Come second semester, we no longer had to eat three meals a day while sitting at attention, out on the front few inches of our chairs with back ramrod straight, head up and eyes locked on the center of our plates, and speaking only when spoken to, usually in drill sergeant tones and content. One more semester and life would get good again.

Second semester the ranks were shuffled among each flight and I got a new element and assistant element leader immediately above me in my chain of command. Early on I got singled out, for reasons I will never know, by the assistant element leader for “special instruction.” After all I’d been through I did not think the system could throw anything at me that I could not handle. I was wrong. The routine I remember most clearly was the order from him to appear in the hallway outside the door of my room, a nearly impossible few minutes after reveille, with bed made to inspection specs, in uniform with rifle, and stand at attention for a zealous, meticulous inspection. A most unhandsome, pock-marked face breathed all over mine as he scowled in creative pejorative terms and grilled me on memory work, both standard and some ad hoc stuff. Failure to regurgitate the information precisely, or the slightest imperfection in the arrangement of my attire, real or imagined, led to push-ups and other physical feats. The element leader was sometimes also in attendance, about half as tall but equally in disdain for the sorry specimen of a doolie standing rock rigid before them. None of this treatment in general was new to doolie life, except for the relentless time-consuming intensity of it during the school year, and their ability to find and exploit the chinks in my armor.

I had run out of minutes in the day and began to fail those character building tests, till finally I cracked. A question was asked—I don’t recall what it was—but I lied to avoid further “corrective action.” The cadet honor code, the bedrock of Academy life, states, “We will not lie, steal, or cheat, nor tolerate among us anyone who does.” My violation of the honor code weighed heavily on my conscience, keeping me awake at night. Finally I was driven by my tormented soul to turn myself in for a violation of the honor code to which I subscribed with all my heart.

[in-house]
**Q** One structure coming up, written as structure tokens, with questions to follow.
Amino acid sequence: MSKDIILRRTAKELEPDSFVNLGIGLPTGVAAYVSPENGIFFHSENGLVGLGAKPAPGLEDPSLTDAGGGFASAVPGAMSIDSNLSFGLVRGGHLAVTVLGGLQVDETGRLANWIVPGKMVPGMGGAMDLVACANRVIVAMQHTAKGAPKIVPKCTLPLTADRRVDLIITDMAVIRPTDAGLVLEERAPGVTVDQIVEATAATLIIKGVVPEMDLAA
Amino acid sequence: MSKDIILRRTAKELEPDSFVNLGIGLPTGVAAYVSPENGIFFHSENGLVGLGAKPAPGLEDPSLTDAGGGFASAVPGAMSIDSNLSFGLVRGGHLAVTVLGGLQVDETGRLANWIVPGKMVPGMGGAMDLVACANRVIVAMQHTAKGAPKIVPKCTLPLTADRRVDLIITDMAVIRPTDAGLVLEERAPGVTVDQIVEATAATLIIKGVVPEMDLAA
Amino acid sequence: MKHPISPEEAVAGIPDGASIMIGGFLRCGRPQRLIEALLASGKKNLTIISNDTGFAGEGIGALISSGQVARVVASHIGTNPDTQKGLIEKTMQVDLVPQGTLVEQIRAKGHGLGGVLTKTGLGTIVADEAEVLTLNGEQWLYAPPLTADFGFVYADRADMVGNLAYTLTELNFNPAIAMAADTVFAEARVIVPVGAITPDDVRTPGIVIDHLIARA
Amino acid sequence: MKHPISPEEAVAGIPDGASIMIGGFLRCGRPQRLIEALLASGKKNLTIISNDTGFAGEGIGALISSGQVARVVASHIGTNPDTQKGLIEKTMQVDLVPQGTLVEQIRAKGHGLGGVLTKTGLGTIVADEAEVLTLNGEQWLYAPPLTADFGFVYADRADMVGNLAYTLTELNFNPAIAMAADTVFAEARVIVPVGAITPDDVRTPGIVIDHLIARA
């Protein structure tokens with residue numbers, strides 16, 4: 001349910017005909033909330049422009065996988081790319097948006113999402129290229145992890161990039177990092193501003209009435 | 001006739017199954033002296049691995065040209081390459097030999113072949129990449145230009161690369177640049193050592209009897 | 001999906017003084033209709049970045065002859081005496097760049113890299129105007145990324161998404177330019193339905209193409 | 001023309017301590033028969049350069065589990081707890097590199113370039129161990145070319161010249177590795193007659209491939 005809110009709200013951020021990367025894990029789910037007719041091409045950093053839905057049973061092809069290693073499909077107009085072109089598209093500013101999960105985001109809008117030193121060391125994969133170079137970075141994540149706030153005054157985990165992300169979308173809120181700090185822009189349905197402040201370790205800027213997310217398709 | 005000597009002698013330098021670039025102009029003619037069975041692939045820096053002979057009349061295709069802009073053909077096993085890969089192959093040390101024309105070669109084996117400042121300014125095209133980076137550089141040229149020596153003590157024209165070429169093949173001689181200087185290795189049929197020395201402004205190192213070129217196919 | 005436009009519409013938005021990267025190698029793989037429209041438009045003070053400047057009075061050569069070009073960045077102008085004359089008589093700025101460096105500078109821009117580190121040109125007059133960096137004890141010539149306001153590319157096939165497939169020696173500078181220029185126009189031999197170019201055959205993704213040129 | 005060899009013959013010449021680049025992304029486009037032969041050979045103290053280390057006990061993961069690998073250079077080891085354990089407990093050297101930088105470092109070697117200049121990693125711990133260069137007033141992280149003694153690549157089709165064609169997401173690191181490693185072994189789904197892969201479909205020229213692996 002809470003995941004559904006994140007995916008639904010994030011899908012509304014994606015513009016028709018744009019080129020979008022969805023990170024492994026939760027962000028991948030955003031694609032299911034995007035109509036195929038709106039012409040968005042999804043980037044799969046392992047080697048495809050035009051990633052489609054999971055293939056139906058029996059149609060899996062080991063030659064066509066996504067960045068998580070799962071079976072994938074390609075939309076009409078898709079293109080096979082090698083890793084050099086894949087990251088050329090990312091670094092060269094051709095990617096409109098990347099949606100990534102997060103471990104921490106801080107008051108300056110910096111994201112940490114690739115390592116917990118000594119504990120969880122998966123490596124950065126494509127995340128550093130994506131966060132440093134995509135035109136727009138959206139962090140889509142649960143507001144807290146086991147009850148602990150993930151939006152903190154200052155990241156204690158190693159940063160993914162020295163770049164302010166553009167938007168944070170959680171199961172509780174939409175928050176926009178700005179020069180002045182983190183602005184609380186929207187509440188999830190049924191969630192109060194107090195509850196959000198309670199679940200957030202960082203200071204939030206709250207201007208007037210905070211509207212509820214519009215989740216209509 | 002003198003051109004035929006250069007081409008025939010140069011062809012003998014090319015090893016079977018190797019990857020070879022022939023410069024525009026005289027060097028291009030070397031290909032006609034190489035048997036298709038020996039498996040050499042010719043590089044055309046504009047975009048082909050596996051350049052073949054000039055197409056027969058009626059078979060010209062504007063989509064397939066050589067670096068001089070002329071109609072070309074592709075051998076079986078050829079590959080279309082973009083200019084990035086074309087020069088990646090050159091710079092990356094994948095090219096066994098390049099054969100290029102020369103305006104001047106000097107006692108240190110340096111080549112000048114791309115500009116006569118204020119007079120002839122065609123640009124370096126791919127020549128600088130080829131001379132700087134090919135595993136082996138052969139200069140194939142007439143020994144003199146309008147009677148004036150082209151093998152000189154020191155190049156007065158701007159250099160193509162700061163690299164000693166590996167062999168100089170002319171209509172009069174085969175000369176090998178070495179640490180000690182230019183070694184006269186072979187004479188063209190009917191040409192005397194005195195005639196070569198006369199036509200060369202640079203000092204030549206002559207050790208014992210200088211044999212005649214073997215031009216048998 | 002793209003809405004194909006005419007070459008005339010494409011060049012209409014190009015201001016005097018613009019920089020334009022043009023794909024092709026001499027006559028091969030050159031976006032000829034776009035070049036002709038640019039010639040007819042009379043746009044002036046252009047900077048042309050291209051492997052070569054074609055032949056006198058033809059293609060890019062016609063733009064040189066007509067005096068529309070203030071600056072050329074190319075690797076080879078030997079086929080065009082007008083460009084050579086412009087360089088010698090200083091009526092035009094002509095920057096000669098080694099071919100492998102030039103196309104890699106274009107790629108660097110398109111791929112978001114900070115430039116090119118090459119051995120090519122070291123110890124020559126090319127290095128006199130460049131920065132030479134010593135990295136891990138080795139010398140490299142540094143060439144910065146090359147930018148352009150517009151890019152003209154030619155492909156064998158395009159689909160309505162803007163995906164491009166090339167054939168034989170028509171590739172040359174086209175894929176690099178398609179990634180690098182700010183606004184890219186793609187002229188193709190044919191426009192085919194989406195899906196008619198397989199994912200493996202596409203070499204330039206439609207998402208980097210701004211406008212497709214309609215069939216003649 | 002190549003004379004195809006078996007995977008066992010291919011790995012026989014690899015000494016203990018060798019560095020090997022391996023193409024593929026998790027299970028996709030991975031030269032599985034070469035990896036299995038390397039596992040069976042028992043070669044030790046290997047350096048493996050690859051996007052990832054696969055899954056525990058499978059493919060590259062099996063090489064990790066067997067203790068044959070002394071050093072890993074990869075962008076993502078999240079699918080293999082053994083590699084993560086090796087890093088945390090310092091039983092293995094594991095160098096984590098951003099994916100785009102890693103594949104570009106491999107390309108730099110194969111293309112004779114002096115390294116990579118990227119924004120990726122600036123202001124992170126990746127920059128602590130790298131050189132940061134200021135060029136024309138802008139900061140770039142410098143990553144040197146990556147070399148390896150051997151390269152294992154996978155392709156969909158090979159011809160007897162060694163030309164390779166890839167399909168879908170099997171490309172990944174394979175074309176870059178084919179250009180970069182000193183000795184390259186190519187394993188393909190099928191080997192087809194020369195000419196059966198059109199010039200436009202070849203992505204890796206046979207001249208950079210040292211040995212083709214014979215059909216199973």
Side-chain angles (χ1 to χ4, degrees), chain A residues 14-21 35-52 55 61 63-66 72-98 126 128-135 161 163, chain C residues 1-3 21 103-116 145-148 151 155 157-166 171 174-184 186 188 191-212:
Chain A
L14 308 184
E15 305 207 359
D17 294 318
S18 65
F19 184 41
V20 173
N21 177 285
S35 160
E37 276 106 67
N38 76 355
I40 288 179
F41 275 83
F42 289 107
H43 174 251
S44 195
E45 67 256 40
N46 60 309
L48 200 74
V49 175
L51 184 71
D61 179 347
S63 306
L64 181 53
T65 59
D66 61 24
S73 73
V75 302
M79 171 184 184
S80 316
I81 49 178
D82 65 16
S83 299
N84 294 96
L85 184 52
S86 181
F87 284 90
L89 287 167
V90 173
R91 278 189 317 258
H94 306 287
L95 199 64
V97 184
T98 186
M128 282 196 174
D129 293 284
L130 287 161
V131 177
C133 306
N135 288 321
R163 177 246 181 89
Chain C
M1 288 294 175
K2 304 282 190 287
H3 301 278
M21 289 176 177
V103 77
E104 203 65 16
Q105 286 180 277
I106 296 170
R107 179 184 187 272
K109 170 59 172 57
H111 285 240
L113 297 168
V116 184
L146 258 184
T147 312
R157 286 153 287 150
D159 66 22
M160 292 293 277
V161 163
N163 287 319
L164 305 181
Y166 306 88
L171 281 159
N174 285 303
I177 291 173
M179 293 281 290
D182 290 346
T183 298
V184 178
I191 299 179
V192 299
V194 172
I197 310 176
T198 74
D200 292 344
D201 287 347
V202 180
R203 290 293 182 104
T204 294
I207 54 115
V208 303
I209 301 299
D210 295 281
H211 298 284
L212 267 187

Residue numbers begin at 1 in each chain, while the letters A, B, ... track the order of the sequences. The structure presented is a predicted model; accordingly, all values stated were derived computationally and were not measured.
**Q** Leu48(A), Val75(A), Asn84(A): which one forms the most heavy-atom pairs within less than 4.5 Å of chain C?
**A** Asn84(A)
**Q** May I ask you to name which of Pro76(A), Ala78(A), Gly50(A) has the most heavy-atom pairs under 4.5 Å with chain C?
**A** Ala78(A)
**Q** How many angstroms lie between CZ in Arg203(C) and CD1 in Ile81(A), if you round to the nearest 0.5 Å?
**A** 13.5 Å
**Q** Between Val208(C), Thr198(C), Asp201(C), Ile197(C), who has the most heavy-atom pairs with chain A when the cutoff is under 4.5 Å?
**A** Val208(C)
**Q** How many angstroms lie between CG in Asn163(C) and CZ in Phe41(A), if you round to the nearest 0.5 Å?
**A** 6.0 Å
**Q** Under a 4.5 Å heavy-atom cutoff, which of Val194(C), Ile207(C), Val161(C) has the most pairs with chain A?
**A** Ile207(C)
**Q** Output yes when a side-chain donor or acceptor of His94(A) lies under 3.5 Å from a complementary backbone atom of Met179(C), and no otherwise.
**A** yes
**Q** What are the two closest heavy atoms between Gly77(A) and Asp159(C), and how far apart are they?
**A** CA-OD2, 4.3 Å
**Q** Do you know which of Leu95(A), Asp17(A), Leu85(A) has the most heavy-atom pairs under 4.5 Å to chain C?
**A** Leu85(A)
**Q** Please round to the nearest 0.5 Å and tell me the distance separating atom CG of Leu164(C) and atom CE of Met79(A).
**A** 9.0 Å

I sat in a straight chair in front of a panel of my judges, the Academy’s senior Air Force officers and senior cadets and was grilled most respectfully.  I was not allowed to (nor did I care to) be present when witnesses were called, including my element leader and his assistant. Also called to testify was my staff sponsor, an assigned mentor and surrogate parent.  Lt. Col. Hilda R. Echols was chief nurse at the USAFA hospital. Her face was horribly scarred from an oxygen tank explosion in WW II, and she was military bearing personified, but she loved the Lord and had a heart as big as the Rampart Range. Her home near the hospital was my only refuge on rare occasions when we were allowed to visit our sponsors. She testified before the tribunal and then came into the waiting room where I sat alone and we had a long soul-baring discussion. I remember only one sentence she spoke, and I can close my eyes and see her saying it now. It has preserved me untold times since, when life was tough and I was ready to throw in the towel. She said, “I told them that Jerry Wetterling was not a quitter.” She believed in me more than I believed in me at that point. I so look forward to seeing that saint with her perfected face in heaven.

Bottom line, I left the Academy, under terms unknown to me. I have not a single piece of paper in my possession that officially declares the verdict, but I assume it was in line with my confession. In my mind, to this day, I was guilty. My element leader and assistant leader were forced to leave. I can only guess their verdicts.

When I returned to the farm in western Illinois in the spring of ‘63, a broken young man, I could not give my father an explanation that made any sense to him. He took me into town, to the office of our State Representative, the man who guided us through the bureaucratic maze necessary to get into a service academy. They called some official at USAFA and talked at length over a phone and an extension, and I could not hear the other side of the conversation.